Drive-In Dust Offs: BLACULA

2016/01/16 19:13:24 +00:00 | Scott Drebit


Blaxploitation films burst onto the scene in 1971 with the huge success of Gordon Park’s Shaft. By 1972, audiences were clamoring for more, and filmmakers and studios were keen to jump on the bandwagon. While most of the majors were focusing on the Shaft formula of hot chicks and cool Dicks, American International Pictures saw a void that no one had filled yet: the black horror film. And so, with as little money as they usually invested, they sent forth into the world Blacula (1972), and wouldn’t you know it? Audiences loved it.

Just don’t call it Blaxploitation—because it isn’t. Blacula, surprisingly, showcases little of the developing tropes already established by Shaft. There is no "jive" talk, no gratuitous nudity or overwhelming violence. And I say "surprisingly", because it would have been so easy (not to mention profitable) to follow the formula set in motion by Shaft, Superfly, etc. Instead, the filmmakers decided to make a straightforward horror film set in a black community of Los Angeles, with a very talented cast to prop up, at best, an uneven screenplay and mostly pedestrian direction. Blacula works because a) it has a lot of great individual moments, b) strong, earnest performances by a solid troupe, and c) it paved the way for future black filmmakers with a thirst for horror.

Our film opens on a stormy night (of course) in Transylvania circa 1780 at the manor of one Count Dracula (Charles Macaulay—Airport ’77). Prince Mamuwalde (William Marshall—Abby) and his wife, Luva (Vonetta McGee—Repo Man), are on a mission from Africa to seek support in eradicating the European slave trade. Dracula, who turns out to be quite racist, isn’t on board, and curses Mamuwalde with vampirism before locking him in a coffin in his basement. Oh, and for kicks, he locks Princess Luva in the basement too, so Mamuwalde can hear his wife die. And to really show what a prick Dracula is, the filmmakers have him dub Mamuwalde with the name "Blacula."

We flash forward to Dracula’s castle, circa 1972, where two antiques dealers from Los Angeles are purchasing not only the castle, but all the contents for their business back home. And if I told you that since this was the early ’70s, the antiques dealers were a gay couple, would you believe me? And if I told you they were painted in the broadest strokes by the screenwriters (not to mention referred to by the "F word" later on in the film), would you believe that too? Our dealers haul the artifacts back to L.A., including Mamuwalde’s coffin. Naturally, they’re victims one and two, as Mamuwalde is freed from his tomb and carouses the streets of L.A.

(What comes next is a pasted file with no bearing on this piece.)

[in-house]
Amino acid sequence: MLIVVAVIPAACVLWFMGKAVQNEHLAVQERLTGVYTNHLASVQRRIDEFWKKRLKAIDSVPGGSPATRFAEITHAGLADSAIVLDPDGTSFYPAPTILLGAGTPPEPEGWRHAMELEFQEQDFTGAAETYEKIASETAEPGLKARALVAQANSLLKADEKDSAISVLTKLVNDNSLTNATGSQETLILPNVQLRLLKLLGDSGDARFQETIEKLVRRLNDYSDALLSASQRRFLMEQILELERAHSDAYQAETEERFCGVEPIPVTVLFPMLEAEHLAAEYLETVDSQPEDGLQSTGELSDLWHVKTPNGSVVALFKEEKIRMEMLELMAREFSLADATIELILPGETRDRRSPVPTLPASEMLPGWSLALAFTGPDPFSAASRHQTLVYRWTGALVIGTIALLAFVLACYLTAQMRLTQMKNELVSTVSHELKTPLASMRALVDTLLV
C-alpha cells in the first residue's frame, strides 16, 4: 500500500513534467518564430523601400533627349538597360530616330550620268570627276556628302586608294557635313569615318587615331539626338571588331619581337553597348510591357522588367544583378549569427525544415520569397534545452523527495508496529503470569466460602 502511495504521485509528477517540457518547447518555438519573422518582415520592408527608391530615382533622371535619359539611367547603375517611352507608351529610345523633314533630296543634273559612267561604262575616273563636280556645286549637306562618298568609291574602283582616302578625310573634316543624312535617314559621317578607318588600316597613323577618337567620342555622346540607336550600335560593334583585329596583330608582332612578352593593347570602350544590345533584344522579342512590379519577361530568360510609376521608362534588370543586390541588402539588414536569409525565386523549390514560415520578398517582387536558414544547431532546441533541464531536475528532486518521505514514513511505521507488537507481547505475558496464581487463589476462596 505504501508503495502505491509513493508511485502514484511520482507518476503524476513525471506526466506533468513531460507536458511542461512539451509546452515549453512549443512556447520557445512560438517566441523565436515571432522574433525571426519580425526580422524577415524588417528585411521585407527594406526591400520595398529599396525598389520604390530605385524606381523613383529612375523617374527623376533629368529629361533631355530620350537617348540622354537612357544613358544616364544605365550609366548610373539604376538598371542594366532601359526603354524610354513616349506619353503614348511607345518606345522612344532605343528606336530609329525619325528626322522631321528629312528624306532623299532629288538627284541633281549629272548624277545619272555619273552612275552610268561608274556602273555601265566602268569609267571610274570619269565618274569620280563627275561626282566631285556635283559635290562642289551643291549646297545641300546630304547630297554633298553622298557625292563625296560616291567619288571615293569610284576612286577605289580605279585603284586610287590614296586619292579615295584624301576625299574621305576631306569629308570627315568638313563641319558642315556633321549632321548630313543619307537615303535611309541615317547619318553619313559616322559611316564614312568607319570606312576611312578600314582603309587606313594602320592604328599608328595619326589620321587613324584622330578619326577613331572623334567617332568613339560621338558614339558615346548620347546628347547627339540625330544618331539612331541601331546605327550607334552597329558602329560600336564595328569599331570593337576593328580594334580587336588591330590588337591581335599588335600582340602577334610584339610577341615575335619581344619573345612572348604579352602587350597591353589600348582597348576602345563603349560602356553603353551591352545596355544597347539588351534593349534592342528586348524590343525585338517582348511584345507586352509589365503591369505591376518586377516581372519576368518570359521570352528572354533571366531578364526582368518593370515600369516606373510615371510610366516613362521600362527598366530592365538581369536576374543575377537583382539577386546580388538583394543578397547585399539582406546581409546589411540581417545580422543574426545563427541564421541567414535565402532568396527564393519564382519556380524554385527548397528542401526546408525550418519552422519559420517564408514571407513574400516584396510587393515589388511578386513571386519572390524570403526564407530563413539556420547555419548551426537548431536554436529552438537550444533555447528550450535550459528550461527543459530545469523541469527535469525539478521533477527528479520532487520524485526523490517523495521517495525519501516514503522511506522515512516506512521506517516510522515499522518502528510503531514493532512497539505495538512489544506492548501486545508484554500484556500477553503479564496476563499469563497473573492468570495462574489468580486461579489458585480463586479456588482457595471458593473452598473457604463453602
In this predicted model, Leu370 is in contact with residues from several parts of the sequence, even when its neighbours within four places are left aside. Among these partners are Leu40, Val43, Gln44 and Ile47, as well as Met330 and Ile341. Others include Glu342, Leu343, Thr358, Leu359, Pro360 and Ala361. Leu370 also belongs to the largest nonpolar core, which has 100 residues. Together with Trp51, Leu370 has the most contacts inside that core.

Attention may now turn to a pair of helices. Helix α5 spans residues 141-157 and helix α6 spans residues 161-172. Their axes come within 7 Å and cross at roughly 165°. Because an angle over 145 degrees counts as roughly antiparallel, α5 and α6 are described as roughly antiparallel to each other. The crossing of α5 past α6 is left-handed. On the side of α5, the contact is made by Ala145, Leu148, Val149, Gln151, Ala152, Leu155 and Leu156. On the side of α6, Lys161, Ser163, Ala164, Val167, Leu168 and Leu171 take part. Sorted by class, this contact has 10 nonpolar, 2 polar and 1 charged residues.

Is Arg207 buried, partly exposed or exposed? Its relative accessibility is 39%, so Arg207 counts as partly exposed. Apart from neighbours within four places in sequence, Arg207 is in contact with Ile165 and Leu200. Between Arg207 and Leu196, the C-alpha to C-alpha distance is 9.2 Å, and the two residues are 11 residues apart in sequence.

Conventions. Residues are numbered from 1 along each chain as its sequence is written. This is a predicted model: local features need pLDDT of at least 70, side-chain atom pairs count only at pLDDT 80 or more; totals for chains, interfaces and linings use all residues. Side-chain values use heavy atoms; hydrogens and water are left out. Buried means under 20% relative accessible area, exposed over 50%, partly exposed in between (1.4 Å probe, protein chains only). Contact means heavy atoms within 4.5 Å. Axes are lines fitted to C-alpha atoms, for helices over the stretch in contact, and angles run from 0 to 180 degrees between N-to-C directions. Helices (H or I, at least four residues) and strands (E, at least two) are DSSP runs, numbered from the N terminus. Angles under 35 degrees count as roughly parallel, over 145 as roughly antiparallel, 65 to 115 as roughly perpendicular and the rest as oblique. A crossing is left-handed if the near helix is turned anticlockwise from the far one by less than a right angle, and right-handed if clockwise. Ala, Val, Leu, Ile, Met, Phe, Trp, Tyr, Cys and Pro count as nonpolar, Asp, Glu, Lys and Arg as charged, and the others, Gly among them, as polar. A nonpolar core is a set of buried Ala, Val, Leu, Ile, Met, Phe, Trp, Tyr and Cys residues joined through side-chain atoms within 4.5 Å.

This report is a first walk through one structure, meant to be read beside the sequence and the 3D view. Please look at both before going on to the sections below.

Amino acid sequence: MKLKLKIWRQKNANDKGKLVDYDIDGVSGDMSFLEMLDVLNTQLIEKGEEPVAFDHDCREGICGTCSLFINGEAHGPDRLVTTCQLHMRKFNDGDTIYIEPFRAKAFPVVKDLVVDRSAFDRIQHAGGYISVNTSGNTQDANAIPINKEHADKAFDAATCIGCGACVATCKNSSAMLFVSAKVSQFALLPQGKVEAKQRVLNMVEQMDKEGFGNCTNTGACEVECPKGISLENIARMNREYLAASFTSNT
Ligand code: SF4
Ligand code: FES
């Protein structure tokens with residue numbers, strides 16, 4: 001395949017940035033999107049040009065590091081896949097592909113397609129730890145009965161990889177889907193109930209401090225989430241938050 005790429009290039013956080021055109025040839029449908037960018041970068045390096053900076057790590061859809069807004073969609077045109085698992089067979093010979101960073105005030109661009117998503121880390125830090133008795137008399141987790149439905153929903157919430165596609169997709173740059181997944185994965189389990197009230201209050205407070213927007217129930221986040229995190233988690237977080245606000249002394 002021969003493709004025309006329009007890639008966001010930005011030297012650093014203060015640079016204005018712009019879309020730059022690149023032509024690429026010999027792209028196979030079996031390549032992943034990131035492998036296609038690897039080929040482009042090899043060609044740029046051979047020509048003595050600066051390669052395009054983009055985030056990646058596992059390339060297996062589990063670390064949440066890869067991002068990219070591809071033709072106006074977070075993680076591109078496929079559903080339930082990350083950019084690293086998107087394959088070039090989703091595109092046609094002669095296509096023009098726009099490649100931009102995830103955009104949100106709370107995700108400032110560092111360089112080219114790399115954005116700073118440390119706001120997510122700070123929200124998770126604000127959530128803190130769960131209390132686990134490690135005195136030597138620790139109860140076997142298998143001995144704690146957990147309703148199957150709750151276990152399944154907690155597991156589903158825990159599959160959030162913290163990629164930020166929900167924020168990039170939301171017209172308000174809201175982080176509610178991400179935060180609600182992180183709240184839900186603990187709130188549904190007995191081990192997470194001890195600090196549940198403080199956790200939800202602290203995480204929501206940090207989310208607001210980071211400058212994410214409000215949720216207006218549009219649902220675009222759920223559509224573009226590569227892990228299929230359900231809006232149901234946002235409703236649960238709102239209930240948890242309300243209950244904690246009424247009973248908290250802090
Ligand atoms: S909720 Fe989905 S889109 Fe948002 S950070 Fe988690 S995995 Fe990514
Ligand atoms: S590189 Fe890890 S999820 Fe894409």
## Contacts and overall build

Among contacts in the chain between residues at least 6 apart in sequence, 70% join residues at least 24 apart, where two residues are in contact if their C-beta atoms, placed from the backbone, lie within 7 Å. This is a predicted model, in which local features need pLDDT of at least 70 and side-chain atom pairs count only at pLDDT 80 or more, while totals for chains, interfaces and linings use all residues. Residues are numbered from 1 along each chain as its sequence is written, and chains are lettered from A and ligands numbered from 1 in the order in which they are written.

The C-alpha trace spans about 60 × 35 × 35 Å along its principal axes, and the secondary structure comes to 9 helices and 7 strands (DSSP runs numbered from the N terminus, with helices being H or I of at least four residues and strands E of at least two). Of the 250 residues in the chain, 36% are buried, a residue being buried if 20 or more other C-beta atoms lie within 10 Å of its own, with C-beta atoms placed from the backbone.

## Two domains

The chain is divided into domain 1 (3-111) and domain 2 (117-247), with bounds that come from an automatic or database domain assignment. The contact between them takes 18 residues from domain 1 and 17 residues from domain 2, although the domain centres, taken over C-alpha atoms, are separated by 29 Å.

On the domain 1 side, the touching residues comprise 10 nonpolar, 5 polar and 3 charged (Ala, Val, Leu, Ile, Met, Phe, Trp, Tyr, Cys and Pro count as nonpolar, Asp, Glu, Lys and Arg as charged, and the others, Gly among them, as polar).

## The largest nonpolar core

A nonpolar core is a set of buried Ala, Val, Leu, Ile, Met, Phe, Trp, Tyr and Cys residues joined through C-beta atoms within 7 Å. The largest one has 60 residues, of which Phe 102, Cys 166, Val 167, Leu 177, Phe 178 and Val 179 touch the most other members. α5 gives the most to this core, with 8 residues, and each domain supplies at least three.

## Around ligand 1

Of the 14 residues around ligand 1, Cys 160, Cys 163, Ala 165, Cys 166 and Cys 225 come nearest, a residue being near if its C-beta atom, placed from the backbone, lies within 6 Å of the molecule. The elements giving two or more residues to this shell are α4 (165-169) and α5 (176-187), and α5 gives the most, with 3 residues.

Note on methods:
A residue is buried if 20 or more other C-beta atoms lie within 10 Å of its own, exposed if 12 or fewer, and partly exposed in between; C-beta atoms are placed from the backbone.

He stops by a local nightclub where he meets Dr. Gordon Thomas (Thalmus Rasulala—New Jack City), his wife, Michelle (Denise Nicholas—Capricorn One), and her sister, Tina (McGee again), who of course is the spitting image of his long deceased wife. As the body count rises, Dr. Thomas grows more suspicious of Mamuwalde, especially his intentions towards his sister-in-law. Will Mamuwalde succeed in turning Tina into his undead bride, or will he be sent back to the earth forever?

Blacula should be given credit for attempting a modern update to the hoary old Dracula tale. It’s a shame, then, that it doesn’t take advantage of the opportunity to comment on the disparities between the old world and the new, but rather has Mamuwalde focus on his intense desire to claim Tina as his bride. And I understand, as the budget was probably not willing and the screenwriters (Joan Torres and Raymond Koenig) were perhaps unequipped to provide the necessary contrast and pathos.

This is where William Marshall comes in. Upon seeing the script, Marshall thought it was missing an opportunity to provide Mamuwalde with dignity and strength. Marshall changed the character from a regular citizen of L.A. to the regal Prince, on a mission to stop slavery. He wrote the opening scene, and without that tragedy set in motion, the film would lose its momentum. This gives him a gravitas, nobility, and ultimately a sadness that buoys the screenplay to be about something.

This was important to Marshall. Before this (and after), he was regarded as one of the greatest Shakespearean actors to walk the boards. Yes, he wanted to headline, but most definitely on his terms. His Mamuwalde is alternately charming and terrifying, with a basso profundo voice as old and seductive as time itself. He also wanted to ensure that, this being a flagship black horror film, it came off as professional as possible, which wasn’t always an easy proposition when dealing with AIP.

However, with a fine cast by his side (I almost forgot to mention Dr. Thomas’ police cohort, played by Away From Her’s Gordon Pinsent), a few effective scares staged well by otherwise lackluster TV director William Crain, and an overall sense of spooky fun, Blacula provides the viewer with a fast-paced good time at the Drive-In.

Even more important than what it provided is what it inspired: a chance for people of color in the industry to make their own horror films. And in return, it showed that black boy or girl reading Famous Monsters in their bedroom that one day they could make their own horror film too. That’s a cause that Mamuwalde himself would get behind.

Blacula is available on Blu-ray as a Scream Factory Double Feature with its sequel, Scream, Blacula, Scream.

Next: Drive-In Dust Offs: STAGE FRIGHT
  • Scott Drebit
    About the Author - Scott Drebit

    Scott Drebit lives and works in Calgary, Alberta, Canada. He is happily married (back off ladies) with 2 grown kids. He has had a life-long, torrid, love affair with Horror films. He grew up watching Horror on VHS, and still tries to rewind his Blu-rays. Some of his favourite horror films include Phantasm, Alien, Burnt Offerings, Phantasm, Zombie, Halloween, and Black Christmas. Oh, and Phantasm.